Additional Report of Cases With NRXN1 Deletion and Autism

Cases with exonic and intragenic NRXN1 deletions were also contributed from the Homozygosity Mapping Collaborative for Autism (HMCA) which utilized the Affymetrix GeneChip Human Mapping 500K Array Set using CNV detection methods previously described [Morrow et al., 2008].

This work was approved by the Institutional Review Boards at the corresponding hospitals.

RESULTS

Clinical Cohort Record Review

We identified 12 subjects through Children's Hospital Boston with deletions involving exonic sequences of NRXN1 (Table I and Fig. 1). The deletions reported here range from 65 kb to 5 Mb and most of these cases are predicted to affect the initial structural domains of the protein (Fig. 1).

TABLE I
Deletions Within NRXN1 in Our Sample

Of these 12 deletions, 4 were de novo CNV not identified in either parent, 3 were maternally inherited, 3 were paternally inherited, and the parental samples for 1 (subject 9) were not available. In subjects 1, paternal samples were not available but the deletion was not identified in maternal testing.

In subjects 1–9, the deletions involved at least two exons of NRXN1-α, while in subjects 10–12, the deletions involved only an exon of a minor expressed NRXN1 isoform. The genomic imbalances involving NRXN1 are summarized in Table I and the clinical manifestations are summarized in Tables II and III. Further clinical data are available in the Supplementary Material.

TABLE II
Neurological and Developmental Characteristics
TABLE III
Relevant Physical Characteristics

Detailed clinical records were available from geneticists in 9 out of 12 subjects, developmental-behavioral pediatricians in 6/12, psychologists in 6/12, and neurologists in 4/12. Four of the 12 subjects (4, 6, 7, and 10) were diagnosed with autism spectrum disorders; in each positive case, this diagnosis was supported by the Autism Diagnostic Observation Schedule. Another subject (2) was suspected of having autism but the evaluation was not available for review; he also had global developmental delays. Two subjects had mental retardation without a diagnosis of an autism spectrum disorder (1 and 8). Subject 1, in addition, had absence seizures and an EEG consistent with a primary generalized epilepsy. One subject (3) was too young to ascertain for an autism spectrum disorder or cognitive delays. Nine subjects had clinical documentation of expressive or receptive language delays.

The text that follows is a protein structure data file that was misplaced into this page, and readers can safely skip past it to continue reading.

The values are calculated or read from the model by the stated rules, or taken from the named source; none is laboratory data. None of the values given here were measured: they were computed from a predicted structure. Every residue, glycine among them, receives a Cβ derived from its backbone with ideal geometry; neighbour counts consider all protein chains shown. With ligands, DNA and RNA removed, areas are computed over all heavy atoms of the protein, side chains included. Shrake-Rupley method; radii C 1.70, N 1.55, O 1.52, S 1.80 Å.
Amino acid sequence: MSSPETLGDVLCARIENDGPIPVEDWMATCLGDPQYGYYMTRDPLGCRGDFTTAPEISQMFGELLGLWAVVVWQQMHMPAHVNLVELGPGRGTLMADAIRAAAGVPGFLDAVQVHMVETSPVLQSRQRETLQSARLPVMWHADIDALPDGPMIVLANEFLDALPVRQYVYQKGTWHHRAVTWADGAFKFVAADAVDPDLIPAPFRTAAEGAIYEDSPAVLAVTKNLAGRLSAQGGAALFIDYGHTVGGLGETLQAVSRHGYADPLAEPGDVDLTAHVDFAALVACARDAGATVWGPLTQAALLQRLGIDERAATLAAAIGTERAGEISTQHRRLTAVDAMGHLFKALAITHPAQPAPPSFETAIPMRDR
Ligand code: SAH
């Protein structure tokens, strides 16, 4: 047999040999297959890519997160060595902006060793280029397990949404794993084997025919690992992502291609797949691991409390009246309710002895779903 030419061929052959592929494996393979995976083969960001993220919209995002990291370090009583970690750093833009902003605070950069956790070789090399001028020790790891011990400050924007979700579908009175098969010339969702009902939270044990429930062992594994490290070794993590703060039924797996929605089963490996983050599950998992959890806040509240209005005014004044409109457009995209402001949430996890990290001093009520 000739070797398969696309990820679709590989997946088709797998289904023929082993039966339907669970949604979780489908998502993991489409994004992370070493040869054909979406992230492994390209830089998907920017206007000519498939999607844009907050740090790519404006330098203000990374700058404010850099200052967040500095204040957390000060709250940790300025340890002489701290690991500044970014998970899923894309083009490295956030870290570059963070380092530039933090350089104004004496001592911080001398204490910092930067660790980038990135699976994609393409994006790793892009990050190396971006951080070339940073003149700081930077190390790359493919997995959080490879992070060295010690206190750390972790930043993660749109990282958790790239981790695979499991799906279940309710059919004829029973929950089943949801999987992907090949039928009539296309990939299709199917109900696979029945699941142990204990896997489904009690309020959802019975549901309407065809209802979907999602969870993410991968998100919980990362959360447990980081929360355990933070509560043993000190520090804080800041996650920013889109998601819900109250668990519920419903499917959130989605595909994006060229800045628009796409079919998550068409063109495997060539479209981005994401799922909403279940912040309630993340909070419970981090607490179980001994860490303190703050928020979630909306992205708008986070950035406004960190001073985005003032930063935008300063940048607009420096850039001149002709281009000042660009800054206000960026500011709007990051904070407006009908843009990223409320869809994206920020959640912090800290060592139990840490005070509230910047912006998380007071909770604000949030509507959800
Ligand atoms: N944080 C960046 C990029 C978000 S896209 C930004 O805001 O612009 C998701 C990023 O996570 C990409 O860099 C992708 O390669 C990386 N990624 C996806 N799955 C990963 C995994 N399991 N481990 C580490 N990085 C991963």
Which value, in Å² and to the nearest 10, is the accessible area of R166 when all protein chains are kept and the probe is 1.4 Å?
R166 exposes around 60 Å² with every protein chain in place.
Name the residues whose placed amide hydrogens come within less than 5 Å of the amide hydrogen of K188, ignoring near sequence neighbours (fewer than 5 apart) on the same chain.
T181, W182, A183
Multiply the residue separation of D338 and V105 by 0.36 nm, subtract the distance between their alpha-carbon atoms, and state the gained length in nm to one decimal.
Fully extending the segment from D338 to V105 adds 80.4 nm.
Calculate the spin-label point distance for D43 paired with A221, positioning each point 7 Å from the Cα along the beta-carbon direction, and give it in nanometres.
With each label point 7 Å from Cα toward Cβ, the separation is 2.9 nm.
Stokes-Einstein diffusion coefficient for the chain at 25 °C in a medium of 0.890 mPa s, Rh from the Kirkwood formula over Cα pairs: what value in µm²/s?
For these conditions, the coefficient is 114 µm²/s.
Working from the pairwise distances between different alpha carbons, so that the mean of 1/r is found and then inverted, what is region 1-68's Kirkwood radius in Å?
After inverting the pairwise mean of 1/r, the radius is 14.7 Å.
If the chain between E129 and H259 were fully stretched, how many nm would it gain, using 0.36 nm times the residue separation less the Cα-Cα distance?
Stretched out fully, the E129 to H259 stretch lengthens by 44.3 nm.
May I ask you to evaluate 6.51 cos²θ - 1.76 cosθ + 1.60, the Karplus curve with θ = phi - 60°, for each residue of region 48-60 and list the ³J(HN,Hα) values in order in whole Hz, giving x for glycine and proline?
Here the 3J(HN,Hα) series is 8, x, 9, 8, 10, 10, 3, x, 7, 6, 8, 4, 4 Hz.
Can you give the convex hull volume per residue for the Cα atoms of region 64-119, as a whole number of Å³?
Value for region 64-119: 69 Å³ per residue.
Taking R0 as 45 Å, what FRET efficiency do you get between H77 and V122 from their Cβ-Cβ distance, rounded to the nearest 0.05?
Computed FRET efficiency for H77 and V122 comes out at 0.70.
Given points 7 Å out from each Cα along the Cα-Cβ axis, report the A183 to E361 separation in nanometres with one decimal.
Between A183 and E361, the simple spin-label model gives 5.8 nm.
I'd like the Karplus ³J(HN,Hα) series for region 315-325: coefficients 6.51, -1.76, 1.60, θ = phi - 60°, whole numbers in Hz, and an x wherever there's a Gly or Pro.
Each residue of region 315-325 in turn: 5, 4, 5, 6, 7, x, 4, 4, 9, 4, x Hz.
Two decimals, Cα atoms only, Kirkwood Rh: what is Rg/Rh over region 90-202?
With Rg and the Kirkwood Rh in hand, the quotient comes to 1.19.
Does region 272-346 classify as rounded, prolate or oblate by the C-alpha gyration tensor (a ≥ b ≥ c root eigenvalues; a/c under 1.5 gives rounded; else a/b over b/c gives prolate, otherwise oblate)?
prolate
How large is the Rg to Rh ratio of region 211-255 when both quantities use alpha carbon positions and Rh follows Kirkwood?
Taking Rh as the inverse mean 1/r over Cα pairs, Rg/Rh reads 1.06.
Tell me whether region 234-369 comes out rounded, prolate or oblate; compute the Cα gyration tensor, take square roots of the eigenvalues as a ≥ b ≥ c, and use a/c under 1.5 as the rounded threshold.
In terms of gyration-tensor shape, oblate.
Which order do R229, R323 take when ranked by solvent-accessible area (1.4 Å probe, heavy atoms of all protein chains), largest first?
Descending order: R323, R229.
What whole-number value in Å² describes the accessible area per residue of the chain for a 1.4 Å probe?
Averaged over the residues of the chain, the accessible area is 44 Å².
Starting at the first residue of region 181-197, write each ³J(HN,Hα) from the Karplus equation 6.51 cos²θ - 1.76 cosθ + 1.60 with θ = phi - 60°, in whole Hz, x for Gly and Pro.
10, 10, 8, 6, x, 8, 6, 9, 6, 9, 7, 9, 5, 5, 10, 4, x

Mild dysmorphic features were present in seven subjects (2, 3, 4, 7, 8, 9, and 12); three subjects had hemangiomas (2, 6, and 10). Hypotonia was present in four subjects (3, 4, 9, and 11). Two subjects (5 and 12) had ventricular septal defects.

Medical record review also revealed the following characteristics in the six parents from whom the NRXN1 deletion was inherited. Subject 4, who had pervasive developmental disorder, not otherwise specified (PDD-NOS) and hypotonia, inherited his deletion from his father who is also reported to be socially awkward. Subject 6, who had PDD-NOS and coordination issues, inherited the deletion from a mother with a history of language delay and social skill difficulties. Subject 11, who has hypotonia, weakness, and Poland anomaly, inherited the deletion from a mother who has a history of joint hypermobility, osteoarthritis, mitral valve prolapse, severe migraines, and severe breast asymmetry. The father of subject 3 (hypotonia, gross motor delay), the father of subject 7 (autism, mental retardation) and the mother of subject 12 (poor weight gain, craniofacial dysmorphism) are reported to be healthy without developmental or medical concerns.

Additional Report of Cases With NRXN1 Deletion and Autism

In addition to the Children's Hospital Boston cases, we report here three cases from two families ascertained through the HMCA [Morrow et al., 2008]. The NRXN1 deletions in each were discovered to segregate with IQ below 70 in these pedigrees (Fig. 2). All three affected children were carriers and unaffected children were not. The deletions were inherited from fathers who were found to have ASD symptoms and IQ between 60 and 70, while non-carrier mothers were not on the autism spectrum and with IQs in the normal range. The deletion for the subject in the first family is exonic and intragenic, while the deletion for the two siblings in the second family is upstream and may affect gene expression. Further investigation is necessary to substantiate this as a functional deletion, even though it segregates with disease.